With steak in particular though, as you’ll see by our recommendation in a moment, it’s best to go for a Cabernet Sauvignon – this French wine is widely considered to be steak’s perfect partner.


With little acid and few tannins, Merlot is a surprisingly complementary partner to a steak that successfully slices through a fatty steak, without being too robust that it overwhelms your palate and leads to a sickly-sweet taste experience.

It’s both mild and dry, as well as being fruity, so you get a slight sweetness that boosts the juiciness of a steak, even if it’s a little on the lean side.

Can’t afford the thickest, juiciest cuts? Serve it with a Merlot and your guests will hardly be able to tell the difference! There’s no residual sugar leftover in the bottle, which means the natural sugars and umami flavors of your steak quickly become the star of the show.

You could even use a sweeter seasoning if you wanted, to heighten this experience tenfold.

Best Steak Wine – Top Recommendations On A Budget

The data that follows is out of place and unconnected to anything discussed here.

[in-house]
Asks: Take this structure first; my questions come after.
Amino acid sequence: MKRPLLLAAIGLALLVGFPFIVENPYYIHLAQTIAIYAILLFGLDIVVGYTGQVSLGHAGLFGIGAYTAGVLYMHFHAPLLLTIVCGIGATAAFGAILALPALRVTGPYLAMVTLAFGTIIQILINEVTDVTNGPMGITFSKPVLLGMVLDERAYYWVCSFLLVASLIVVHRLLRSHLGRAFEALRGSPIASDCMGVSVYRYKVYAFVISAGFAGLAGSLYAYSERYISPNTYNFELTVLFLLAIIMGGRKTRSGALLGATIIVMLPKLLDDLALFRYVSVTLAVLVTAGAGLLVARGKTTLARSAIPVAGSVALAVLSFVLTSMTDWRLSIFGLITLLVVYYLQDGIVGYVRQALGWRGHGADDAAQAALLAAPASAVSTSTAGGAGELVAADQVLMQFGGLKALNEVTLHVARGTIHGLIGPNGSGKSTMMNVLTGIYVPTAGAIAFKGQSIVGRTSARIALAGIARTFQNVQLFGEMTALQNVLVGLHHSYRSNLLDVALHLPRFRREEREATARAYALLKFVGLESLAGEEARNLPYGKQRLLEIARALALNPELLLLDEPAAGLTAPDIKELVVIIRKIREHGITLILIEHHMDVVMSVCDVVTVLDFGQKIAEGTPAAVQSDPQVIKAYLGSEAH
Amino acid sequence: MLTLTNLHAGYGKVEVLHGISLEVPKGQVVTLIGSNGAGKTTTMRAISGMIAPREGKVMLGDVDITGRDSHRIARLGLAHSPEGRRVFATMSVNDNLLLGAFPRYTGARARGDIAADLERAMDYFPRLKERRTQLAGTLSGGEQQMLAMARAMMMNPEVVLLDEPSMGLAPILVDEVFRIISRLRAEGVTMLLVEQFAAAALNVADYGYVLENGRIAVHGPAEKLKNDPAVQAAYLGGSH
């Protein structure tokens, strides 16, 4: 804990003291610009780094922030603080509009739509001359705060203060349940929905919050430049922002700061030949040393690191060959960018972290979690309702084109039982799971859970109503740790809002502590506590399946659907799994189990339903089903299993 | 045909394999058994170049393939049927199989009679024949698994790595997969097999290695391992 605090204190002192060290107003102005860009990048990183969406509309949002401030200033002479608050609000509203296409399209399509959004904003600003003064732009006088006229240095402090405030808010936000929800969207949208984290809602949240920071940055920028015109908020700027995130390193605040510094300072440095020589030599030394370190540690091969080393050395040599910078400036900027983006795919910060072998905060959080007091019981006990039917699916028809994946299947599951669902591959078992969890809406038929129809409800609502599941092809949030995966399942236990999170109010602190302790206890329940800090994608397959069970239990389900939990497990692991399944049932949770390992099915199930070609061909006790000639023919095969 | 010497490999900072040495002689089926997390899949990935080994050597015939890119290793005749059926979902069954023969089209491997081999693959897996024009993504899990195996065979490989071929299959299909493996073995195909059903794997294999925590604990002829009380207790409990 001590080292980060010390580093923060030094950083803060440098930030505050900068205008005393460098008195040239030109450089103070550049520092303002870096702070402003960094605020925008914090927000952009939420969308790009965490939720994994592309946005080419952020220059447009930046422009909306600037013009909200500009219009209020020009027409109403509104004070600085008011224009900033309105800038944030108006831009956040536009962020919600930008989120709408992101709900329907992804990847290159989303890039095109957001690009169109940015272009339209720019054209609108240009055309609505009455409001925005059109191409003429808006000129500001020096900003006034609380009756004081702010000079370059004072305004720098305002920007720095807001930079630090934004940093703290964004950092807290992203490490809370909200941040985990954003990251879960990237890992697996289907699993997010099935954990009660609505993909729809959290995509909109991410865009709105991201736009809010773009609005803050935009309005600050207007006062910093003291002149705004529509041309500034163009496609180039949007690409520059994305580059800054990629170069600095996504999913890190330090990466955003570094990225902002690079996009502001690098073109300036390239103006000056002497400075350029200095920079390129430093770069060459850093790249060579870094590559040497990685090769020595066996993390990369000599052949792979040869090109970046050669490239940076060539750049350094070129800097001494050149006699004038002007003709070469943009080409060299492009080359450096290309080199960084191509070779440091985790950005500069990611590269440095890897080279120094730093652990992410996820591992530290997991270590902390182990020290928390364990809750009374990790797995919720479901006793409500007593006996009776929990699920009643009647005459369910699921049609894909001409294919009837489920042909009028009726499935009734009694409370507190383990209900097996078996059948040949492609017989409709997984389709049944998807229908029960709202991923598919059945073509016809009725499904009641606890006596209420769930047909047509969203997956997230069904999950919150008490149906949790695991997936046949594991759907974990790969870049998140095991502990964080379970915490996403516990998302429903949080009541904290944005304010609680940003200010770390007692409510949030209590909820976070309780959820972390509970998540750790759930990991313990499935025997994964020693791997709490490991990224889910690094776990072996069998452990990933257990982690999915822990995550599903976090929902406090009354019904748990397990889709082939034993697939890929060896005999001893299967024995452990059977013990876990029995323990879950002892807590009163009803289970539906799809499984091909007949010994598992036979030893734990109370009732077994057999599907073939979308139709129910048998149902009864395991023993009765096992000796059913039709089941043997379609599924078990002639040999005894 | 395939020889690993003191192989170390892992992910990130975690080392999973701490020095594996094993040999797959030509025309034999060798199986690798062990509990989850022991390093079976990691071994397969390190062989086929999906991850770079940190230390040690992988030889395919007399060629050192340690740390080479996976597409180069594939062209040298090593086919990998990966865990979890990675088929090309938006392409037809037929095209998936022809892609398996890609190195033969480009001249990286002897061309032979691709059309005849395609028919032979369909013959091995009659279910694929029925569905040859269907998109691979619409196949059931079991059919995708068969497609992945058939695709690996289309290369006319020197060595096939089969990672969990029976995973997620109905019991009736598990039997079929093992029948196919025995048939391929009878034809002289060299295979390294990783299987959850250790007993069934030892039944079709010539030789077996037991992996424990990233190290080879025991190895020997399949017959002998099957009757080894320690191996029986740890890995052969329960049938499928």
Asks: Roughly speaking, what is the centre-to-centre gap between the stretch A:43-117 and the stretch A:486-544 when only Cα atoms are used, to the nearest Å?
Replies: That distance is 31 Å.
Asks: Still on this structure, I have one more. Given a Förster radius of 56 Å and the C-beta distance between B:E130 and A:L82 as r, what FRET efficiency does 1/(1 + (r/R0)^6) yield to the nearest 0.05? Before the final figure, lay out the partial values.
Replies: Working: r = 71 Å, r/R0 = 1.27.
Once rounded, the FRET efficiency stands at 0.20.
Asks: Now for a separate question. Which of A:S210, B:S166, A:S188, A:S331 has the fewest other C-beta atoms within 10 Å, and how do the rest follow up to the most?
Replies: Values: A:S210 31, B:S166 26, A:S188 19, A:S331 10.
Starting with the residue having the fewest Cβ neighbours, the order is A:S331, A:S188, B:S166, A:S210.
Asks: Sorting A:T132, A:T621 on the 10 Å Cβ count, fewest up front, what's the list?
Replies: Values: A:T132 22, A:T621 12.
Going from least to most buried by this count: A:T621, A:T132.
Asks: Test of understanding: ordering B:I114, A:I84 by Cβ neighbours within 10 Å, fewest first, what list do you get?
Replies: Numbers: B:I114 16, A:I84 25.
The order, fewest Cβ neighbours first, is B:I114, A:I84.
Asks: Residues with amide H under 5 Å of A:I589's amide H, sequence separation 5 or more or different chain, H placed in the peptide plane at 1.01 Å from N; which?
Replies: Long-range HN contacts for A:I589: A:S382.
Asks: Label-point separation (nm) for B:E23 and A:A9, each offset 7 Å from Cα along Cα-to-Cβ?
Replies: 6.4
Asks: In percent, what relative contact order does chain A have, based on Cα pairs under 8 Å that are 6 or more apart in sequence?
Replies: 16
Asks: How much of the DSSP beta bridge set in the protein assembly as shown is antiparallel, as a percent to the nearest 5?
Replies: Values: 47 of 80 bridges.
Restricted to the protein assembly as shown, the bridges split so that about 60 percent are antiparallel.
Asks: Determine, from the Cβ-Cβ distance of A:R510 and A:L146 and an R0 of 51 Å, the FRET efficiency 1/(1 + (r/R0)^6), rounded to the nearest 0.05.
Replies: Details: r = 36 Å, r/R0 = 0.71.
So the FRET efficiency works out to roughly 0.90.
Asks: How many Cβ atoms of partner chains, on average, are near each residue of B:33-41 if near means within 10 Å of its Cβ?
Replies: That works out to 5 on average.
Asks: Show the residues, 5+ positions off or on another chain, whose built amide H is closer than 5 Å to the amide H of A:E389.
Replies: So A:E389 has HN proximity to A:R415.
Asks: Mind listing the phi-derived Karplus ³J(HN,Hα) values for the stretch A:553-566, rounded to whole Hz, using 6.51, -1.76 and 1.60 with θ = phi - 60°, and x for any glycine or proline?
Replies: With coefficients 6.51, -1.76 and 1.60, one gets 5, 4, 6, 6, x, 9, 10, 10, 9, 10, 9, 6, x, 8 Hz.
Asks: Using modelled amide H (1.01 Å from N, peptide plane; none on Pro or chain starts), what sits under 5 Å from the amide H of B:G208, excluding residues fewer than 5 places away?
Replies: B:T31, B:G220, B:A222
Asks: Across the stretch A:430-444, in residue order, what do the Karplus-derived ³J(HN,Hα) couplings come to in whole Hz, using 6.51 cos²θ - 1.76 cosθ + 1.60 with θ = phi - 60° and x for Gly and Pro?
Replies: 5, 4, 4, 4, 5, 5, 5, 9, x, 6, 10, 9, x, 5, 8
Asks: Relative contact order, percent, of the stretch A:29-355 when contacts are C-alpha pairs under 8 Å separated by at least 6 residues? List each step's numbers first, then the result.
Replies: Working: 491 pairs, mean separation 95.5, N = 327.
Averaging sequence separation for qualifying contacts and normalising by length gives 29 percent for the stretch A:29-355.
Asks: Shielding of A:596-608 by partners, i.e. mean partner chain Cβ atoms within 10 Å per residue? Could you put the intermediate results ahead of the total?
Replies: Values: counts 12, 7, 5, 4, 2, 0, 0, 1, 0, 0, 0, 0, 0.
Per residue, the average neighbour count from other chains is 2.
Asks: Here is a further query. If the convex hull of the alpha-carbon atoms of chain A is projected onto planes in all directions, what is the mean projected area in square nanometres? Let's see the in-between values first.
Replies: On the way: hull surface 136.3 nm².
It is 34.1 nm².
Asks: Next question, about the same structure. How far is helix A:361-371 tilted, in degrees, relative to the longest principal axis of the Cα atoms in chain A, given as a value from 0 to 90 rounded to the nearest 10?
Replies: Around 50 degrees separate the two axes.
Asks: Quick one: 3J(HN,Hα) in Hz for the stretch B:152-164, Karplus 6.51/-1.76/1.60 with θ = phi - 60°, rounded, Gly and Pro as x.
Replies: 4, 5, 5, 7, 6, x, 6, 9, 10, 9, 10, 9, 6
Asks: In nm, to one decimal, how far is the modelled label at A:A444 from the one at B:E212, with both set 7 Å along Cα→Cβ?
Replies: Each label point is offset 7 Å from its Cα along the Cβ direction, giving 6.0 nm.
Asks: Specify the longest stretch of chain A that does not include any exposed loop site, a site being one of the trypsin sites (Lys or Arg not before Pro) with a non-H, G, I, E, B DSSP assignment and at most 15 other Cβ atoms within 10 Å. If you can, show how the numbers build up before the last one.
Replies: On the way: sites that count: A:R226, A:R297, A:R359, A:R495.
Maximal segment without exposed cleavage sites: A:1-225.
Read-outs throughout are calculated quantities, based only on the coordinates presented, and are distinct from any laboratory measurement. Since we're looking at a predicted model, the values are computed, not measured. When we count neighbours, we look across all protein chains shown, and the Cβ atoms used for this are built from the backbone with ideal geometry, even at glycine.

All of our choices here are from 2016-2018, not only because it was such a good period for red wines, but as it means the wine has matured enough to notice a difference in taste, without breaking the bank to afford a good quality bottle.


Catena Malbec 2018 via Binny’s

Our choice is a soft, velvety red with black cherry and raspberry, and background notes of violet – overwhelmingly good for the price 


Seghesio Zinfandel Sonoma 2018 via Binny’s

Our choice is juicy, with notes of vanilla and blackberry, its less subtle sweetness being widely appealing to a variety of different palates


Dalton Estate Shiraz 2018 via Binny’s